As was made clear during the last day’s panel, migration – which is really a catch-all term used to label people on the move – has worldwide impact. The Episcopal Church is responding in various ways to address the needs of migrants, refugee and asylum seekers.
In Seattle, Washington, for instance, the Mission to Seafarers provides support to merchant seafarers, many of whom spend nine to 12 months a year aboard cargo ships, moving goods around the world. These men, said Ken Hawkins, executive director of the Seattle Seafarers Center, often do not have the visas required to leave the ships docked in port. Through a network of more than 400 volunteers and chaplains, the mission provides support, in terms of phone cards and access to the Internet, and through emotional and spiritual counseling to seafarers.
The Syrian refugee crisis has led to a greater awareness of the large number of refugees fleeing war, violence and persecution; it’s a crisis that has led to fear and panic, both in Western Europe and the United States. In Europe, the church has responded by providing direct assistance to refugees living in camps in France, and Episcopal Relief & Development is providing assistance to partners in the Middle East.
Domestically, the Episcopal Church has a long history of working with the U.S. government to resettle refugees. Episcopal Migration Ministries, the Episcopal Church’s refugee resettlement ministry, is one of nine agencies working in partnership with the U.S. Department of State to welcome and resettle refugees to the United States.
In addition to working with 30 resettlement affiliates in 26 dioceses, providing direct assistance to recent arrivals, Episcopal Migration Ministries offers ways for congregations to engage in refugee resettlement in their communities, it also encourages Episcopalians to join the Episcopal Public Policy Network and advocate for policies that protect the rights of refugees and asylum seekers.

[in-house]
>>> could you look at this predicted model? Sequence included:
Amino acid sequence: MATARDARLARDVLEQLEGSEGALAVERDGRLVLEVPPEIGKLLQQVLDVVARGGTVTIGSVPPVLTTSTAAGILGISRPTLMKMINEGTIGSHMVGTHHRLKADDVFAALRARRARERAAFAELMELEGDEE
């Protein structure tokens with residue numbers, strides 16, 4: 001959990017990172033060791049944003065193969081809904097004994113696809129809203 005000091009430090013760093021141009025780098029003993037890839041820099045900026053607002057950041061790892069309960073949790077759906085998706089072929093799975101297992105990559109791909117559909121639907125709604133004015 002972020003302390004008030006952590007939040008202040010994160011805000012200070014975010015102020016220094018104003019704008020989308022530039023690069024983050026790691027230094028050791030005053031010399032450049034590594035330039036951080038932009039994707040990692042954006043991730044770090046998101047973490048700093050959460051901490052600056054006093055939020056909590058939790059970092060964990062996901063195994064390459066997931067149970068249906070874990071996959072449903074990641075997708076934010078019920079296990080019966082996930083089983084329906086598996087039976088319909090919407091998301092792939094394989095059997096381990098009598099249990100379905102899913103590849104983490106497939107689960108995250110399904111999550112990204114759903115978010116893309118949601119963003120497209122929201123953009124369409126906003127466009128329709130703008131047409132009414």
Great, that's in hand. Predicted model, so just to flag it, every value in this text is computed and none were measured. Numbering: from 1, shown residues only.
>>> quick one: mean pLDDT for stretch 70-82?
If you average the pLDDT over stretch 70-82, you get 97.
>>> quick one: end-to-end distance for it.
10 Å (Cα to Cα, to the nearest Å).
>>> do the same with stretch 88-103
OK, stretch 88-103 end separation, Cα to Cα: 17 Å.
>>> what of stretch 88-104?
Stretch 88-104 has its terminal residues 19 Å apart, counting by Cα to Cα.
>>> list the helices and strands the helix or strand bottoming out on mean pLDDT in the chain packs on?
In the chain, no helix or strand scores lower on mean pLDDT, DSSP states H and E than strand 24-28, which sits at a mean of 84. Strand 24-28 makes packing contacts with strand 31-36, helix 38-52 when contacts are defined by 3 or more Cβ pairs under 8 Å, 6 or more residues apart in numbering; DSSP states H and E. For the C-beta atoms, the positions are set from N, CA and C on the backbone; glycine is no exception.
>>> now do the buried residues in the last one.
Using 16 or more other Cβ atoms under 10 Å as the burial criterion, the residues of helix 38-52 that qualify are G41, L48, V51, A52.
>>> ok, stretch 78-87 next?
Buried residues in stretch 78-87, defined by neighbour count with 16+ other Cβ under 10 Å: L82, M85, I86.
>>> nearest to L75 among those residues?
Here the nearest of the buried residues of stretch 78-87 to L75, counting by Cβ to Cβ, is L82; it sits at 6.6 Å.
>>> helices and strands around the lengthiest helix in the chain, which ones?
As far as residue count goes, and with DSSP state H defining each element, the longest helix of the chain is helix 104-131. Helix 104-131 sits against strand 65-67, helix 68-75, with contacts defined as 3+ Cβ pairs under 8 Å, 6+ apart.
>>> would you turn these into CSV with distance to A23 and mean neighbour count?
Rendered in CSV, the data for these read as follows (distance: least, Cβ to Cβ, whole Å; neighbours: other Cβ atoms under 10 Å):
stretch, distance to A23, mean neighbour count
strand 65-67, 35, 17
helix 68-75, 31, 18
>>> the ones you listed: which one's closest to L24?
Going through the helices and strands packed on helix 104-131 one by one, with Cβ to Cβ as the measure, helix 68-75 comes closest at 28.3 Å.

Whereas people engaged in refugee resettlement are typically fighting to make sure the resettlement process stays on track, now they are fighting for the resettlement program’s survival, said Allison Duvall, EMM’s manager for church relations and engagement, during a May 19 plenary session where she and Wendy Johnson, EMM’s communications manager, gave an overview of the refugee crisis, the resettlement process and the Episcopal Church’s historic and contemporary role in refugee resettlement.
Over the past year, partially in response to the fear generated by the large number of Syrian refugees, 48 states have introduced legislation to either ban refugees from their states or to weaken the U.S. government’s resettlement program.
One of the key ways Episcopalians can become engaged in the issues of migration and refugee resettlement, Johnson said during the plenary, is through participation in the democratic process.
Of the 20 million refugees worldwide, less than 1 percent will be resettled; moreover, the United States resettles more refugees and any other country in the world. The church’s response is not just rooted in welcoming the stranger, but in the Baptismal Covenant.
Last week, the Episcopal Public Policy Network released an Election Engagement Toolkit offers ways for congregations and individuals participate in the electoral process “faithfully, responsibly and legally.” The toolkit anchors such engagement in the Baptismal Covenant’s promise to “strive for justice and peace and respect the dignity of every human being.”
⎯ Lynette Wilson is an editor/reporter for Episcopal News Service.